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Yearbooks Help New Hires Fit in Fast

And they remind current employees why they love their jobs.
photo credit: Manchester City Library
photo credit: Manchester City Library

New employees hankering for names and dates can peruse boilerplate corporate histories at their (yawn) leisure. But those static archives reveal little about what a business is really like or how it got that way.

At DreamHost, a $41 million Web-hosting and cloud services company, new hires learn about their employer’s culture through yearbooks. DreamHost publishes annual volumes that are physically and tonally identical to the high-school kind, right down to blank pages at the back for autographs. The books contain goofy profiles of its executive team; goofier portraits of its individual employees; candid photos from company events; the year’s Top 5 accomplishments for each department; and superlative nominations that are both serious (“Friendliest,” “Most DreamHost Spirit”) and less so (“Best Sneeze,” “Baldest”).

To produce copies for its entire staff of 90-plus employees, DreamHost works with a graphic designer and contracts production to a yearbook company. The cost for design, layout, and printing is roughly $7,000.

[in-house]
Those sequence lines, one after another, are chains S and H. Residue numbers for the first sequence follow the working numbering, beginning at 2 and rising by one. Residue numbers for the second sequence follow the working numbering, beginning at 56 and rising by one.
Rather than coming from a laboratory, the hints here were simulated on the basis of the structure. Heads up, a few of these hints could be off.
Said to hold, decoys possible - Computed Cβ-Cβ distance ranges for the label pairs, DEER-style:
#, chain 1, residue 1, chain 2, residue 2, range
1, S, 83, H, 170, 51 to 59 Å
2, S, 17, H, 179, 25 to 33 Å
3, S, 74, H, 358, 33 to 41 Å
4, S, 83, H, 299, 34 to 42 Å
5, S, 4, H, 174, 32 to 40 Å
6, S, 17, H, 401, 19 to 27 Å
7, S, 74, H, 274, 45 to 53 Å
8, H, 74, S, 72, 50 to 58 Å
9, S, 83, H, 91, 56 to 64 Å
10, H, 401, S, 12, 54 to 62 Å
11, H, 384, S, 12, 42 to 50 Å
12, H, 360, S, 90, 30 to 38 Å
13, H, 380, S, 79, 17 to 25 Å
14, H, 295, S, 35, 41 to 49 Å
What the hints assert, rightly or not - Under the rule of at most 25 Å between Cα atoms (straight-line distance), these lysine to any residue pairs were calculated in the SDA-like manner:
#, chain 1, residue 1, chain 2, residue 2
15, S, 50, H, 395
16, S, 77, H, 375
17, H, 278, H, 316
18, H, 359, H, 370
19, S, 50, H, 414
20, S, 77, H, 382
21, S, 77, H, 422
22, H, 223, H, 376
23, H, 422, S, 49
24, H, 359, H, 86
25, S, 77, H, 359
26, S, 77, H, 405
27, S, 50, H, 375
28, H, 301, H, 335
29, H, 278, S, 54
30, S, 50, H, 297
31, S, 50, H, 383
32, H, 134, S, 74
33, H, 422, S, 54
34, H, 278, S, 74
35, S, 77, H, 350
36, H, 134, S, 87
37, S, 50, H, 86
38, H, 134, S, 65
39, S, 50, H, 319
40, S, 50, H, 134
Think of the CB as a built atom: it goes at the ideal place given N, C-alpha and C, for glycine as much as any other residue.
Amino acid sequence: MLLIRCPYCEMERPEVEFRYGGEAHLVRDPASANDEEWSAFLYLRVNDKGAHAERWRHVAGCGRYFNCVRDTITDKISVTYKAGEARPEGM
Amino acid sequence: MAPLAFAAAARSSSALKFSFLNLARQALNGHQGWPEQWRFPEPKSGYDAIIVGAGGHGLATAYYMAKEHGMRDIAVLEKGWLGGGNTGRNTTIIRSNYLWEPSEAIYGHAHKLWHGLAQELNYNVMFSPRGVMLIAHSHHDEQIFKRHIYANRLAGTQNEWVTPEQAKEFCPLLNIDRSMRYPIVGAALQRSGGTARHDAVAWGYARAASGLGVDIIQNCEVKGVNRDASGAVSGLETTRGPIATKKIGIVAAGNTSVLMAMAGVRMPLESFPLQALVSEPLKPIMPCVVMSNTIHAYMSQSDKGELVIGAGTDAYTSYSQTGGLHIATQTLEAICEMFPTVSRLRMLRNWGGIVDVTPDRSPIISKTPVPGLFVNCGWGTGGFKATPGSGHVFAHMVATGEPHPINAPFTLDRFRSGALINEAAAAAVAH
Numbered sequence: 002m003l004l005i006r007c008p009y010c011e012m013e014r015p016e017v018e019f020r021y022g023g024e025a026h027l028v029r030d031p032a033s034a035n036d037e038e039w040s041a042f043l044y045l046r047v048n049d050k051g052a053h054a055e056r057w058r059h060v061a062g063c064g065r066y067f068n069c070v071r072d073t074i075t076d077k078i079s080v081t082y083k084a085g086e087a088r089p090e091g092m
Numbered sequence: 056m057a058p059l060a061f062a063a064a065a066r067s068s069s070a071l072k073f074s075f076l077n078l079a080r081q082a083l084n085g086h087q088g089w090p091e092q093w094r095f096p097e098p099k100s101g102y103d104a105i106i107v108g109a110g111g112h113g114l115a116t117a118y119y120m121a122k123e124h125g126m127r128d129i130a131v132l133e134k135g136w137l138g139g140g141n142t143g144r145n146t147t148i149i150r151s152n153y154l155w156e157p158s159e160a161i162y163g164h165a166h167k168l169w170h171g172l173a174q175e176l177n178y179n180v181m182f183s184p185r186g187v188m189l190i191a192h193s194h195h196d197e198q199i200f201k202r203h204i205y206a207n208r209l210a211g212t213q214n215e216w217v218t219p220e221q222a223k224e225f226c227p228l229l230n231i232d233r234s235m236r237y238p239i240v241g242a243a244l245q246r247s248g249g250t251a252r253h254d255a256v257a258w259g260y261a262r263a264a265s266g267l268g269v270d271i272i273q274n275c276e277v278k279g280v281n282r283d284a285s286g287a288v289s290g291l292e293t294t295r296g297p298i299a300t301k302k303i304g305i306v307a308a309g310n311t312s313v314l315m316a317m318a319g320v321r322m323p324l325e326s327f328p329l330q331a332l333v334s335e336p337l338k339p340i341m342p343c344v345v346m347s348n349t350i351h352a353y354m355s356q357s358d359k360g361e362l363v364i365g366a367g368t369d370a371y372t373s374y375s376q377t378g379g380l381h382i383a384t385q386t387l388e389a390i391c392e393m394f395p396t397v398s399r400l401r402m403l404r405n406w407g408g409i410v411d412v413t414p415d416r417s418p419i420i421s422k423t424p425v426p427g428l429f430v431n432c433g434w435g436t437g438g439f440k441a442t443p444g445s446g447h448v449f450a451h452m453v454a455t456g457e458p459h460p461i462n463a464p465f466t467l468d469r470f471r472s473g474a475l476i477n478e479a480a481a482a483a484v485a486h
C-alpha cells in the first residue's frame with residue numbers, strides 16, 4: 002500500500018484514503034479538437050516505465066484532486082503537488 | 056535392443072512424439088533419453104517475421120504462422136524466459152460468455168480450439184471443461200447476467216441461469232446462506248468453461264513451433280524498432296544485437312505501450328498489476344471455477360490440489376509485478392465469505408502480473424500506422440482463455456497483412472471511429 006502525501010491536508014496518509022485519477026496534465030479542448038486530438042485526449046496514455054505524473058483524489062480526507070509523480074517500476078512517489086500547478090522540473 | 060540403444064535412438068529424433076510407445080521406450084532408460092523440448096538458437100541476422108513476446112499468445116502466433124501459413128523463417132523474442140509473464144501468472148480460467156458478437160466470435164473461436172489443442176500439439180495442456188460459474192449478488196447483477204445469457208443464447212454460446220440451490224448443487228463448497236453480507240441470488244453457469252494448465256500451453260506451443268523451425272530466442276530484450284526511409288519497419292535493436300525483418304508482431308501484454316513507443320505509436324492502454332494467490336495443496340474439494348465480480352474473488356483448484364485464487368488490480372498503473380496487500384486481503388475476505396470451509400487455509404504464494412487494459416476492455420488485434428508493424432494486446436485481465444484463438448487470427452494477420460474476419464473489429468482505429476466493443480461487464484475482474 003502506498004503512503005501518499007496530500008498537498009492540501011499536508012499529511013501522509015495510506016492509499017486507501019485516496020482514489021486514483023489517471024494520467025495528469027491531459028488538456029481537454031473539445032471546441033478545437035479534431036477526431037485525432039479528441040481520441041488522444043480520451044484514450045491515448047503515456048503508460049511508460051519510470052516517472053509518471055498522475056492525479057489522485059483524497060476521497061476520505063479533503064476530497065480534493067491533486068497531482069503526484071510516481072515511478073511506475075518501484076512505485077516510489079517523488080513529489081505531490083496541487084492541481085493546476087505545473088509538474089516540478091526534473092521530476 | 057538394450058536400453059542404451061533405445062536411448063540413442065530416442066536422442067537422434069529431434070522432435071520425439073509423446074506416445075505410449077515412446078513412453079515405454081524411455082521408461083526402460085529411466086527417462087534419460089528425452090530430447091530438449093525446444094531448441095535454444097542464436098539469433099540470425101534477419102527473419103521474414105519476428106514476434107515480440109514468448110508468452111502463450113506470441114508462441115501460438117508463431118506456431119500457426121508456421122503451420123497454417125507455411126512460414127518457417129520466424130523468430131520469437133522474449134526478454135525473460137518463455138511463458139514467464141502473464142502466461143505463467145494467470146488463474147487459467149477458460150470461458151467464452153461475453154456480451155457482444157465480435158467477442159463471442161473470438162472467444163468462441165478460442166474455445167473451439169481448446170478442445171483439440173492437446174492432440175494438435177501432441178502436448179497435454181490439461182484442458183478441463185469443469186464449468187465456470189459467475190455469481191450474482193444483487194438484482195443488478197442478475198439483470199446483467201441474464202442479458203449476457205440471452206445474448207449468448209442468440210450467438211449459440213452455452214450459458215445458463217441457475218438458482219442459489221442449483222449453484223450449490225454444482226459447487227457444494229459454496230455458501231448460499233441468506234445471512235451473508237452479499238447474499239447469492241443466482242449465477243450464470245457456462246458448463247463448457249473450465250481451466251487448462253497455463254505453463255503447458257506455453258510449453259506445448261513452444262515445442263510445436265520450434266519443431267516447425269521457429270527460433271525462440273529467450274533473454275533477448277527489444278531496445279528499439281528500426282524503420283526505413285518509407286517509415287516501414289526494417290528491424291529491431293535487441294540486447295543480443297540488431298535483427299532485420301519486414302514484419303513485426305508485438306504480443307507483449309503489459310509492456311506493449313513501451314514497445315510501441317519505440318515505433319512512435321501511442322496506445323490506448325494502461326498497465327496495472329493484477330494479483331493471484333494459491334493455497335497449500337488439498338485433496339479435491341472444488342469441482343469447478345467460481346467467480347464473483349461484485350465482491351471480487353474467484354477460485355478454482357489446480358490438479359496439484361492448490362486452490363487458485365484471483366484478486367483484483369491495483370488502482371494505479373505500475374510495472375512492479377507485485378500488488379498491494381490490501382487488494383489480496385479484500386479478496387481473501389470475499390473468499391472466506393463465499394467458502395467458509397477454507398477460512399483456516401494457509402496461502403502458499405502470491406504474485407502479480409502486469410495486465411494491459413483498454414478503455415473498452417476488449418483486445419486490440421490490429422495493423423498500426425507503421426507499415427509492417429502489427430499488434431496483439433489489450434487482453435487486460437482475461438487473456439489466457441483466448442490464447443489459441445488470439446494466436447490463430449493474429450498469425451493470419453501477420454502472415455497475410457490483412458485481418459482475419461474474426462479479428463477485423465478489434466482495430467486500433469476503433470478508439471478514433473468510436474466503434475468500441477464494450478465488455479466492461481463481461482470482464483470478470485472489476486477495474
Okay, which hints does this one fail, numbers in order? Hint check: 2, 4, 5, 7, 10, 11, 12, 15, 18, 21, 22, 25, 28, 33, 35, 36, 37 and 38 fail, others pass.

CEO Simon Anderson (@DreamHostSimon) says the books are morale- and team-builders and create institutional memory. The company passes them out to new employees, who often keep them at their desks as resources. They can put names to faces, see what everyone has been working on, and instantly acclimate to the culture — which includes understanding in-jokes before they’re all the way in.

Ed Wesley, director of organizational development and learning (who runs the project), says the books also reinforce DreamHost’s organizational democracy. “The pages show all teams, without giving focus to senior management,” Wesley (@thedreamtrainer) says. “The book communicates our commitment to having a fun workplace where employees are empowered to do what they do best.



DreamHost’s yearbooks are a nontraditional tradition in a proudly iconoclastic company. How iconoclastic? Two years ago, when the founders decided to bring in a professional CEO, they let employees vote on the candidates, as Inc.’s Leigh Buchanan reports in “Reelect the Boss! Or Not.”

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Yearbooks Help New Hires Fit in Fast

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